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stretched cluster VM redundancy

 
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temuri426
Frequent Advisor

stretched cluster VM redundancy

in case of stretched cluster can i have primary and secondary copies only in
Main site, not in DR side?

if the node with primary copy fails , secondary copy on the same site will become primary, at this moment can i trigger creation of new secondary copy to one of the DR nodes?


point is that customer does not need to run VM in DR when primary fails.

10 REPLIES 10
LiamP
Occasional Advisor

Re: stretched cluster VM redundancy

A stretched cluster means a cluster may be located in different physical locations and uses zones to separate.

It does not mean, a Primary and DR site.

So, once zoning is configured, then replicas will be located within each zone.

If a customer had a design of two nodes in one site lets say primary and one node in a DR site i.e. 2 + 1, then both replicas will remain in the primary site. 

 

 

 

 

 

MikeSeden
HPE Pro

Re: stretched cluster VM redundancy

As far as VMware is concernered- 

Stretched clusters extend the vSAN cluster from a single data site to two sites for a higher level of availability and intersite load balancing. Stretched clusters are typically deployed in environments where the distance between data centers is limited, such as metropolitan or campus environments.

You can use stretched clusters to manage planned maintenance and avoid disaster scenarios, because maintenance or loss of one site does not affect the overall operation of the cluster. In a stretched cluster configuration, both data sites are active sites. If either site fails, vSAN uses the storage on the other site. vSphere HA restarts any VM that must be restarted on the remaining active site.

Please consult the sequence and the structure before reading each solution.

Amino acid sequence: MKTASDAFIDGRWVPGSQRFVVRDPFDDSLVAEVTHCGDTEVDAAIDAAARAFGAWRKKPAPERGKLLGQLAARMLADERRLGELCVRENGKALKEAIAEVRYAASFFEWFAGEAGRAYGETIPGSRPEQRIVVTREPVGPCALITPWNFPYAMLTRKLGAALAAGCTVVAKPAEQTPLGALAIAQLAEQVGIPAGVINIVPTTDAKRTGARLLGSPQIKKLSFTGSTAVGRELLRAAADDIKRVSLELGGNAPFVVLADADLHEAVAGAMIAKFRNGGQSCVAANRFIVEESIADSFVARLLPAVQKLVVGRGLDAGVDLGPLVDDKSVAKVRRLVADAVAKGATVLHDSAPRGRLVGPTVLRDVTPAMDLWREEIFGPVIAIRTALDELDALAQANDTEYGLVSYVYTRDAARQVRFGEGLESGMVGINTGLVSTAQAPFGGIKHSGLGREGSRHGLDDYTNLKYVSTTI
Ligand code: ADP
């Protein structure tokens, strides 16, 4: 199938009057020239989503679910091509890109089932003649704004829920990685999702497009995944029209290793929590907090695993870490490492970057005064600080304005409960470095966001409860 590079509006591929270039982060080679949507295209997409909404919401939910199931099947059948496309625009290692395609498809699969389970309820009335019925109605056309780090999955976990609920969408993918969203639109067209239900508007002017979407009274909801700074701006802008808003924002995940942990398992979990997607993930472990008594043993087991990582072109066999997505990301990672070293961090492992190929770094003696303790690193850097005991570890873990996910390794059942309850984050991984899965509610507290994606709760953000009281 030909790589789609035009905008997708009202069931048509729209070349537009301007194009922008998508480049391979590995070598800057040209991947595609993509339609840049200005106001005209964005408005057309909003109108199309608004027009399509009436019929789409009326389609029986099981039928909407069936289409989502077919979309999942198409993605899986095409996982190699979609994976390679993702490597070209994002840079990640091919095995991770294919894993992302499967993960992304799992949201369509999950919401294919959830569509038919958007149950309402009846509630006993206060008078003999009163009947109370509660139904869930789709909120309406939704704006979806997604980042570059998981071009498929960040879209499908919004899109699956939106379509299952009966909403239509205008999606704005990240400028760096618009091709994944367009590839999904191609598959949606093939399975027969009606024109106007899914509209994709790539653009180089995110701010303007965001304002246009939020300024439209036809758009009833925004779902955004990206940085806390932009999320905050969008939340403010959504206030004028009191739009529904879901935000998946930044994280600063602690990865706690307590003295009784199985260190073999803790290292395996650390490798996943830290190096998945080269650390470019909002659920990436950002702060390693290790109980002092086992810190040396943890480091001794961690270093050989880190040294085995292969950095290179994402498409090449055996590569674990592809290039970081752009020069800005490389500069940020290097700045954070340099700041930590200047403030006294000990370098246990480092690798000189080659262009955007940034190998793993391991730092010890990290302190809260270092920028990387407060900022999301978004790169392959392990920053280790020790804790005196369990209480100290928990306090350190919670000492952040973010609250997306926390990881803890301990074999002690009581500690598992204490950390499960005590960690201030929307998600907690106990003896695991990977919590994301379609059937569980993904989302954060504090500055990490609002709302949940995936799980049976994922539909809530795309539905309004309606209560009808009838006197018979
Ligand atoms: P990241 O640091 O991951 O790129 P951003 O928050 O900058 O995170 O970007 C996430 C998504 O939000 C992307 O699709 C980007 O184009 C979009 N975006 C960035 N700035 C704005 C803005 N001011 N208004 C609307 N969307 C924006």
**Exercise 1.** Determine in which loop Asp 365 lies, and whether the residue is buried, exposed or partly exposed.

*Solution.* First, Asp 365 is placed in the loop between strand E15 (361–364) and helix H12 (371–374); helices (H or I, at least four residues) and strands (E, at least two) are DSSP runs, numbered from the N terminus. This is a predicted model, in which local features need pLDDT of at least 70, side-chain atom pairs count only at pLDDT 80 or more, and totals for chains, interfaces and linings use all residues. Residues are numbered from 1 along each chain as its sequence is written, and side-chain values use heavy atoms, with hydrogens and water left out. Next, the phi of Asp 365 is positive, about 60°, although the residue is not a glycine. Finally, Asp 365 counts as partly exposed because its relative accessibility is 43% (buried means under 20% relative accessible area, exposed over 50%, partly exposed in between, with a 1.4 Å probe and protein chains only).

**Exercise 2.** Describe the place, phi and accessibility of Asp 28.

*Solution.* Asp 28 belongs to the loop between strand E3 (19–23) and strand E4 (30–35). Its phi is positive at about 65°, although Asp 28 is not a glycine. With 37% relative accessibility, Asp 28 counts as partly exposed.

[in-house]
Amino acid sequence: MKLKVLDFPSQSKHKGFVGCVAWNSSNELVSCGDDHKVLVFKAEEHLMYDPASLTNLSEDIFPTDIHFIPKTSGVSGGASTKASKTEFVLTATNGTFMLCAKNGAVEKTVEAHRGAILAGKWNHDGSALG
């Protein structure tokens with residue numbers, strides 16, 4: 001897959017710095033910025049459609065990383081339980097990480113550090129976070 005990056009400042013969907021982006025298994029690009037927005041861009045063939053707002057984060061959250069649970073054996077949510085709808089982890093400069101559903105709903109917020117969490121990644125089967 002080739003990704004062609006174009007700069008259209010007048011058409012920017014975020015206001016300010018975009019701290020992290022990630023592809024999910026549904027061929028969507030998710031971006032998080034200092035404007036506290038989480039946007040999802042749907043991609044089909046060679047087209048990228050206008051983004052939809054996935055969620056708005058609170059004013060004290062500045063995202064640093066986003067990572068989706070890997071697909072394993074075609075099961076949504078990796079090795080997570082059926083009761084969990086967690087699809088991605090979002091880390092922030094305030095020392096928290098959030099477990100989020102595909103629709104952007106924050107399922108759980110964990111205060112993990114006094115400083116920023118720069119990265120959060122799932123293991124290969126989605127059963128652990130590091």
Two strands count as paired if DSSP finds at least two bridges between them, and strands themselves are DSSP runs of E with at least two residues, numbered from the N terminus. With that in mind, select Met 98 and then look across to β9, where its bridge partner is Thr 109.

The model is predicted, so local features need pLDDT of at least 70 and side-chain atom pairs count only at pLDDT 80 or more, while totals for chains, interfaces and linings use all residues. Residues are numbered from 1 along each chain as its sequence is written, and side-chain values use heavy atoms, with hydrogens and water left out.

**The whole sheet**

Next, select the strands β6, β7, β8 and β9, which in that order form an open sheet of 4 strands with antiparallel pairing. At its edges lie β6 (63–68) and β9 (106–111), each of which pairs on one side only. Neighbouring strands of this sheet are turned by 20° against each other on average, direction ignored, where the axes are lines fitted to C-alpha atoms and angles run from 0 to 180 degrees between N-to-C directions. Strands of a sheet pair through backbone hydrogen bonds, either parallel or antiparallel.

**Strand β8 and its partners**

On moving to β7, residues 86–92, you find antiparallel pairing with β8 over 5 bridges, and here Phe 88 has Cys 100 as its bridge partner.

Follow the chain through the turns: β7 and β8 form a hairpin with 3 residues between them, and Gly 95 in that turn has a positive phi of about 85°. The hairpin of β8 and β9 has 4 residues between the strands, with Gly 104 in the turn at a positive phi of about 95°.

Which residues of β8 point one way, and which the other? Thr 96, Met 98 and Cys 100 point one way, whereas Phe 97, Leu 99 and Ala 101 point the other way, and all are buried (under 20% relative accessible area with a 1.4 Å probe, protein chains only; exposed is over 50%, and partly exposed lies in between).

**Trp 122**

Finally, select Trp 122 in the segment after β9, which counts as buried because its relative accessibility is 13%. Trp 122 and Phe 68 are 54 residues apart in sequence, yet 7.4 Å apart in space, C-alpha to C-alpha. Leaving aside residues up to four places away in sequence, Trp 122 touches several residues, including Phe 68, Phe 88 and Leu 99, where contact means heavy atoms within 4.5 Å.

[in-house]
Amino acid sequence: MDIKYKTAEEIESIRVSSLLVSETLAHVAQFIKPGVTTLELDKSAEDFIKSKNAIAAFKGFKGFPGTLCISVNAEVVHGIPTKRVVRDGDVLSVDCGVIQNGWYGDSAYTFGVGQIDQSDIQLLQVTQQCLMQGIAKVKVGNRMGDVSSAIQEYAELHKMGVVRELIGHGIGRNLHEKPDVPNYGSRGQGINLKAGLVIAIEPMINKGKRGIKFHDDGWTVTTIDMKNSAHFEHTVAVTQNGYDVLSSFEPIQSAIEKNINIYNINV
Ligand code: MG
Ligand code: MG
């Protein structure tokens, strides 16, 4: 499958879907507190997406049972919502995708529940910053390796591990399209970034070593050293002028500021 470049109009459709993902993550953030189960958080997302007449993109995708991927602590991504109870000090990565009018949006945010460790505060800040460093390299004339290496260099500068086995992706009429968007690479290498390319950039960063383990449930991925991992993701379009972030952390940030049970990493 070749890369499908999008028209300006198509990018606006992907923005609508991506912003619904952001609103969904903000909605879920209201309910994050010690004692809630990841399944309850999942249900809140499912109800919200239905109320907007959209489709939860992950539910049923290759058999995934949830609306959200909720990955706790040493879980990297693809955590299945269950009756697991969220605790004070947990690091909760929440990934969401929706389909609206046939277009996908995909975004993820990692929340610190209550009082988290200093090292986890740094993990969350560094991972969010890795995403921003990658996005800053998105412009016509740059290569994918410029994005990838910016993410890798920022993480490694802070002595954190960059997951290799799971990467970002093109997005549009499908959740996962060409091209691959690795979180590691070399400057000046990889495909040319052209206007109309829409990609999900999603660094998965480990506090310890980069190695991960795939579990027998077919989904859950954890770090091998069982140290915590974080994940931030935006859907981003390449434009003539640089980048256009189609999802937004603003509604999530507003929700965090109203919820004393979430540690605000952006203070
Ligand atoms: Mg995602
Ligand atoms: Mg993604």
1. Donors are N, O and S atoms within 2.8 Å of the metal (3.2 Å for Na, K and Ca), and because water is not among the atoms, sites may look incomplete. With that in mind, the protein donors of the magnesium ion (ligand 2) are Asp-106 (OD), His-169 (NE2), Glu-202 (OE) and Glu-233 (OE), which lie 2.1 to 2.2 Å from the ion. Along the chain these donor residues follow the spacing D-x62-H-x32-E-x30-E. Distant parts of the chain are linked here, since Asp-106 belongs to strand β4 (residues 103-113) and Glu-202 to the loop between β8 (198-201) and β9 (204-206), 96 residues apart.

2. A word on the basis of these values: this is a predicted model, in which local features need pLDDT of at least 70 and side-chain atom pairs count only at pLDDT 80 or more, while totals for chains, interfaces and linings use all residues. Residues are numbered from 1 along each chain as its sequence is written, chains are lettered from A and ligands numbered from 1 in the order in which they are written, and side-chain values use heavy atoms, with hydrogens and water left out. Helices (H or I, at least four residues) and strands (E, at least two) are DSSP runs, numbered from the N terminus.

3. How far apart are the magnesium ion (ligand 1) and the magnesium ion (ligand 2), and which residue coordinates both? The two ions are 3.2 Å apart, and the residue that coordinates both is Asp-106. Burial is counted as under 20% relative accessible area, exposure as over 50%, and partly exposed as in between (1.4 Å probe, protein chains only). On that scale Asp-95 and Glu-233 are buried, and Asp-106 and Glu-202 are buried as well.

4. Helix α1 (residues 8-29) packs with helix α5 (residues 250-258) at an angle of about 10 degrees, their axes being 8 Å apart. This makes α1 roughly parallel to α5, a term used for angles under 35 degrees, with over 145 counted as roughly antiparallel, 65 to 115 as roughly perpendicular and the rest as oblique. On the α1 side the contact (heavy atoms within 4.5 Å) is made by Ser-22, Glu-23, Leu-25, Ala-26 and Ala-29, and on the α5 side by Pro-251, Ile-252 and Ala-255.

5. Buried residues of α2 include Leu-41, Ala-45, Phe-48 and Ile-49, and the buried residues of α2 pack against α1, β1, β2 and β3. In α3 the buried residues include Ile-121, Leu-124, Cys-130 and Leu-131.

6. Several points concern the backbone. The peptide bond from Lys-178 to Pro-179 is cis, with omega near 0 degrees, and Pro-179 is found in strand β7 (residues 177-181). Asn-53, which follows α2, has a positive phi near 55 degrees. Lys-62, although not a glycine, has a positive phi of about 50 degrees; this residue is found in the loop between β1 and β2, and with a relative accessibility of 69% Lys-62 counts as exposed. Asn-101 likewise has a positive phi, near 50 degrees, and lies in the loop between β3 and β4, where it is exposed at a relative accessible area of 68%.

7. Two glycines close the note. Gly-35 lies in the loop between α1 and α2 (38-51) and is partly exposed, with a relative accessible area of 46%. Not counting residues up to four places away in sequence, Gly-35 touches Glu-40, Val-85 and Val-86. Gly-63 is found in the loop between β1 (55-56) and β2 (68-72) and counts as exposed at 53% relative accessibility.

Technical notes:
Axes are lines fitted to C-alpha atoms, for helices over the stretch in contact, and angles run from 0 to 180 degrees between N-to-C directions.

A HPE SimpliVity Stretched Cluster-

HPE OmniStack software guarantees that in a healthy and synchronized environment the unexpected loss of one HPE OmniStack System will not lead to data unavailability. Customers have also requested the ability to describe the most likely failure scenario where an entire group of HPE OmniStack System may be lost simultaneously, and for HPE OmniStack software to ensure that customer data remains available.

The HPE Simplivity Stretched Cluster solution works in cooperation with vSphere HA and vSphere DRS to ensure that when one or more HPE OmniStack System failures occur in a physical location, guest virtual machines can be restarted in a second location. This provides for business continuity with failover time measured in seconds.